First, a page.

How do you leave a track, a trail, a spoor ?
     And what sort of spoor do I want to leave ? What sort of traces can I leave ? Why would I want to leave my mark ?
       The book is all about tracks and tracking, the characters both worrying about the tracks they have and are leaving (with good reason in some cases) as well as following the trail of others, for a variety of reasons.
       Milla gets a job working for the Presidential Intelligence Agency. Her cover is that she is working for the government publication News This Week, but in fact she is a researcher for the intelligence agency. This particular intelligence agency is worried about a possible consolidation with others in the latest government shake-up. They want to preserve their independence -- and one way to do this would be to show how invaluable they are. When information suggests something big is about to go down they are all over it, desperately trying to piece together what it might involve.
       Milla eventually gets pulled much further into this when she strikes up a friendship with a man who also figures in the investigation -- though it's not entirely clear to the various actors how. Except for the odd coincidence of this man striking up this friendship at precisely this time, these sections make up a very entertaining spy-thriller.
       Lemmer, meanwhile, gets involved in something entirely different (or so it certainly long seems ...), asked to help with the not-quite-legal transport of some rare rhinoceroses from Zimbabwe. He goes along with it, but finds he's gotten himself into something rather more complicated than a simple save-the-animals action. A tracker who comes along to take care of the rhinoceroses is a particularly impressive character (as he eventually learns) and also has a few tricks up her sleeve (and elsewhere); Lemmer eventually has to try to track her, but she's very good at (most of) what she does. But Lemmer's tracking does overlap a bit with what Milla is involved with -- not that those tracks are always read correctly by the others on the hunt. (Indeed, throughout there are a lot of false scents that are relied on: not everyone knows how to do this tracking (or spying) equally well, and not all tracks or clues are what they might first seem to be -- a nice touch that Meyer handles particularly well in this book that is also about misreading signs.)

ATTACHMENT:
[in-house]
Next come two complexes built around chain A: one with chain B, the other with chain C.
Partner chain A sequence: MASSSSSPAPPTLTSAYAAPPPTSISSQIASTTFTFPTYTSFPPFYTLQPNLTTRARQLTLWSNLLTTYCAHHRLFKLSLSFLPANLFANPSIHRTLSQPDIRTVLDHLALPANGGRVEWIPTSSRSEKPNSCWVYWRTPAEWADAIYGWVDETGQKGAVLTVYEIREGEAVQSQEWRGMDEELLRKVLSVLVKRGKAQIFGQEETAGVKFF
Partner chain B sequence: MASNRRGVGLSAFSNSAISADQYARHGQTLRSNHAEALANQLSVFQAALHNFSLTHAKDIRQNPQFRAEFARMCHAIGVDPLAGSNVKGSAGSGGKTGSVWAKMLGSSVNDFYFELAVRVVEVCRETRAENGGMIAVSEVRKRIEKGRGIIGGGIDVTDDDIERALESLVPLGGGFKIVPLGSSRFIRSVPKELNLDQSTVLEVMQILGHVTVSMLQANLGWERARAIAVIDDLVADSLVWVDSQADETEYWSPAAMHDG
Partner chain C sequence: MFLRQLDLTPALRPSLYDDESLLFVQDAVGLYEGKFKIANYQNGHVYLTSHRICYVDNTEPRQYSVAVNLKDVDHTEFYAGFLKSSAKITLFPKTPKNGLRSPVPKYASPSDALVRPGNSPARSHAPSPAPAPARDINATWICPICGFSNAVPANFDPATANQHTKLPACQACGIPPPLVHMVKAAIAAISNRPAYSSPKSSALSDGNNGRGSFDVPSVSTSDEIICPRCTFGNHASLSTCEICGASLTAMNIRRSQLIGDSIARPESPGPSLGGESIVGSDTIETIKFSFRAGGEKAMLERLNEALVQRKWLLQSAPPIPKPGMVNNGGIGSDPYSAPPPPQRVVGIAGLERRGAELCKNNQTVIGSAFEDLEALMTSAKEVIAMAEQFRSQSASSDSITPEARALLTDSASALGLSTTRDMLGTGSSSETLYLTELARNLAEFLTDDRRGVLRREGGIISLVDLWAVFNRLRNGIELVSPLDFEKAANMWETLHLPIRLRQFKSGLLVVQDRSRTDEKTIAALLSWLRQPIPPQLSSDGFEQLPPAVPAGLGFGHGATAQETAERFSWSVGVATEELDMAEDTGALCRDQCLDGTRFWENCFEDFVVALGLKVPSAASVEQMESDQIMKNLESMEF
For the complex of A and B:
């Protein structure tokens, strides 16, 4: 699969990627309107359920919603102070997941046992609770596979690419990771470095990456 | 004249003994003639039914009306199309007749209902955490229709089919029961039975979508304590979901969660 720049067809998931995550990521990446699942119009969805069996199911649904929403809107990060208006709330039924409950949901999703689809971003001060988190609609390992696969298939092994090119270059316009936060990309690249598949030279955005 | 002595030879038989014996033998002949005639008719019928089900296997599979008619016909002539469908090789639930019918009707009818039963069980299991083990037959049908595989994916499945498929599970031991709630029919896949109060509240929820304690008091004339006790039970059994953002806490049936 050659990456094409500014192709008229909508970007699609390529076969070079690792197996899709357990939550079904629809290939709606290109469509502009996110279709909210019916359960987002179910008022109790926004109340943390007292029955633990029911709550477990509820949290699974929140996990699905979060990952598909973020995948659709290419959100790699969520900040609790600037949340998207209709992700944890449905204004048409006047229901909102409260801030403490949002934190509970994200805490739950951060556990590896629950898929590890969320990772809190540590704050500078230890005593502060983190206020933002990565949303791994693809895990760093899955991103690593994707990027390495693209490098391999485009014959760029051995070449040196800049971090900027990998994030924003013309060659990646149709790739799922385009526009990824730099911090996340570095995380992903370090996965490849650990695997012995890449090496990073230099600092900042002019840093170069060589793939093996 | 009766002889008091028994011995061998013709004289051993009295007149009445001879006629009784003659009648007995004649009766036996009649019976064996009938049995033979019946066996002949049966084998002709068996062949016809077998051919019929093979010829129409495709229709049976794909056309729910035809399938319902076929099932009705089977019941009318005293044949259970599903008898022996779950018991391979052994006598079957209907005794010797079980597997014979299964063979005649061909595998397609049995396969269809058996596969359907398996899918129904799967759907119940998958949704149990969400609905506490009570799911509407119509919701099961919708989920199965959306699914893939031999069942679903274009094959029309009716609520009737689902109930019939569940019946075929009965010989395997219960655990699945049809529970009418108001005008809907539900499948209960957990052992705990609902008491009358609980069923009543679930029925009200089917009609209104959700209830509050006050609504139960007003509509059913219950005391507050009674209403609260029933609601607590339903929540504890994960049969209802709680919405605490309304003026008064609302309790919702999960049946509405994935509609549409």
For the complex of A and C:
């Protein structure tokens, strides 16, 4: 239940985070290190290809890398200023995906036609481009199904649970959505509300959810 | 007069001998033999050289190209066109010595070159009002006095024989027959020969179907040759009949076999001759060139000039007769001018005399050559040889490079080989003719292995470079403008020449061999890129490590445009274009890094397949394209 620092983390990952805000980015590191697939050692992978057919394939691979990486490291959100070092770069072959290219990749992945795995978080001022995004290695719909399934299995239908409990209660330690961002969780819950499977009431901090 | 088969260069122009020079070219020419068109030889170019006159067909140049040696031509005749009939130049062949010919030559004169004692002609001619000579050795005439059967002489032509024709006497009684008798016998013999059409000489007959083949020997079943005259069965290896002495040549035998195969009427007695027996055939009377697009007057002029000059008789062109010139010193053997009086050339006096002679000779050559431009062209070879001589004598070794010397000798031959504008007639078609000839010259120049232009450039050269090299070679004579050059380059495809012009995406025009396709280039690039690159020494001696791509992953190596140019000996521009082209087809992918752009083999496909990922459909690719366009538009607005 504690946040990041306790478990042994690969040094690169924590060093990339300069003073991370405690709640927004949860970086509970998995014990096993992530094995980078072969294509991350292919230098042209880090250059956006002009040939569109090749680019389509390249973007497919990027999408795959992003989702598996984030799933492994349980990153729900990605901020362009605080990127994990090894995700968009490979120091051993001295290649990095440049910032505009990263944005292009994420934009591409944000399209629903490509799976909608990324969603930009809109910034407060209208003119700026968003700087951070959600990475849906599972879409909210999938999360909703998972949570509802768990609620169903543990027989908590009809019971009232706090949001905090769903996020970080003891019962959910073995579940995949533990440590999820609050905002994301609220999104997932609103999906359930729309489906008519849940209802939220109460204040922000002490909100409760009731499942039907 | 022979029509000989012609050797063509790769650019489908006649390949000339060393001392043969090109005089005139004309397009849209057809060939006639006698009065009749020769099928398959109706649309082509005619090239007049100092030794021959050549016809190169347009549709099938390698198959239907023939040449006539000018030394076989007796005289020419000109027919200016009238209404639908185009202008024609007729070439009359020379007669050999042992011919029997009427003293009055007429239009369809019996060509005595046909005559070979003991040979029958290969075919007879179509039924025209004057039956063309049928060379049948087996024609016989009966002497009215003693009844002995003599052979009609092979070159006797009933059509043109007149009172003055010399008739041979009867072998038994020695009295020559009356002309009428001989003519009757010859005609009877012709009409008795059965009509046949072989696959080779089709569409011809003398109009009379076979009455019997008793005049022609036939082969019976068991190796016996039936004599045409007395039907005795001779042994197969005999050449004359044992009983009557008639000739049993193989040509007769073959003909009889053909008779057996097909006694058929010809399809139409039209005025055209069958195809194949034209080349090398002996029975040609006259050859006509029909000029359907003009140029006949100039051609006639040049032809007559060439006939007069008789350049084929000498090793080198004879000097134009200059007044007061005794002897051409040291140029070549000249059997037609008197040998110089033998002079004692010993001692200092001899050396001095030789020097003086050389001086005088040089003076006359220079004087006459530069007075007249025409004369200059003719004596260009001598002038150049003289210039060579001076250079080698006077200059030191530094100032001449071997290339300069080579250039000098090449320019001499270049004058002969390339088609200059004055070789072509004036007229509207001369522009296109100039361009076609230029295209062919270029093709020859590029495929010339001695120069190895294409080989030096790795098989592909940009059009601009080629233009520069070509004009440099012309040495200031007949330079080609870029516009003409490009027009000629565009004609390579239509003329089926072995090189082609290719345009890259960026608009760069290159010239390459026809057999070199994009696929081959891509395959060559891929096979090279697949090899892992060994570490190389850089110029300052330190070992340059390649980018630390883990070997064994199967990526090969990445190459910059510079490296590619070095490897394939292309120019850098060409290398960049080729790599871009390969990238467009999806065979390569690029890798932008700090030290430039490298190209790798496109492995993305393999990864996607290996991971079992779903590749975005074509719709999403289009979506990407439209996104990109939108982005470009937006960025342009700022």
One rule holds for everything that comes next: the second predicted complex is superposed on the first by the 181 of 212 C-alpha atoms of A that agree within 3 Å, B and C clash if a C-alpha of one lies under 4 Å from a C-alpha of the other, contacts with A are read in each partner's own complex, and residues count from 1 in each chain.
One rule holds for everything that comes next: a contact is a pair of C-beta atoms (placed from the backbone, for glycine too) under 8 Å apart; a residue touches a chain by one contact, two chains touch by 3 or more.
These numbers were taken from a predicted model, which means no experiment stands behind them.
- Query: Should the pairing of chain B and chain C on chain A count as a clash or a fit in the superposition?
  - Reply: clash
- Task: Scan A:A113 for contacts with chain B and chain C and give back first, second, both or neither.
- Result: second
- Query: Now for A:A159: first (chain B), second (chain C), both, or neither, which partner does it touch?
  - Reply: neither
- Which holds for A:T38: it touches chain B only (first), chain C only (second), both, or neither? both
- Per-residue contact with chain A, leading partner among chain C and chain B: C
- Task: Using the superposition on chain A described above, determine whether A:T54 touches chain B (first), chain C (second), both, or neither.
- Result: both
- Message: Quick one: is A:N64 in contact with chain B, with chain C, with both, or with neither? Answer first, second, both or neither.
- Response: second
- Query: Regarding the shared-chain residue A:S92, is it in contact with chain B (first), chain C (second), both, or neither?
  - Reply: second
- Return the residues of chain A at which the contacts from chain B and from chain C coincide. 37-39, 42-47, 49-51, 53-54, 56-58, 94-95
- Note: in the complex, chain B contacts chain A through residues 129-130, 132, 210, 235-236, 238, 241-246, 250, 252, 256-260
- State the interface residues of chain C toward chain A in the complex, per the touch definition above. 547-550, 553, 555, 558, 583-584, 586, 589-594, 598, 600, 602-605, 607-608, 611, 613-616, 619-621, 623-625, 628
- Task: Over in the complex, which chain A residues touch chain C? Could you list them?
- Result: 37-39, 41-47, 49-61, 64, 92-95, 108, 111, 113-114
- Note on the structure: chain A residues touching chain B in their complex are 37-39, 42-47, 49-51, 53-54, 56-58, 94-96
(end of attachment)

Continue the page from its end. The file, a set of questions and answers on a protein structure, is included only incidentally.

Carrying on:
Joubert's first case as a PI has to do with a man who simply disappeared, his car and his gym bag still in front of the gym where he worked out but otherwise no trace of him to be found (at first ...). This part is a straightforward procedural, Joubert professionally investigating this baffling case; naturally there is also a bit of overlap with the other tales as well.
       So Trackers is three novels in one -- and three different kinds of thriller in one, too. Surprisingly, this works: Meyer tells three good separate stories here, and one good larger one. The tension mounts in each -- and, of course, there's the suspense of what fits together, and how. While in previous novels Meyer has relied too much on the over-the-top action-ending, he shows much more confidence in his own abilities here, realizing he doesn't have to bring things to these sorts of explosive conclusions (and a short, subdued Postscript nicely finishes things off here).
       Meyer shows great range here, both in his characters as well as the different types of investigations. A pleasant surprise is how well he does the workplaces, and management in each case: the spy agency, trying to to prove its worth (and dealing with the Americans), the detective agency Joubert goes to work for, even the bus company the missing man worked for.
       Trackers is a very solid thriller, and a fine book. Recommended.

- M.A.Orthofer, 24 October 2011

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Links:

Trackers: Reviews: Deon Meyer: Other books by Deon Meyer under review: Other books of interest under review:

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About the Author:

       South African author Deon Meyer was born in 1958.

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© 2011-2012 the complete review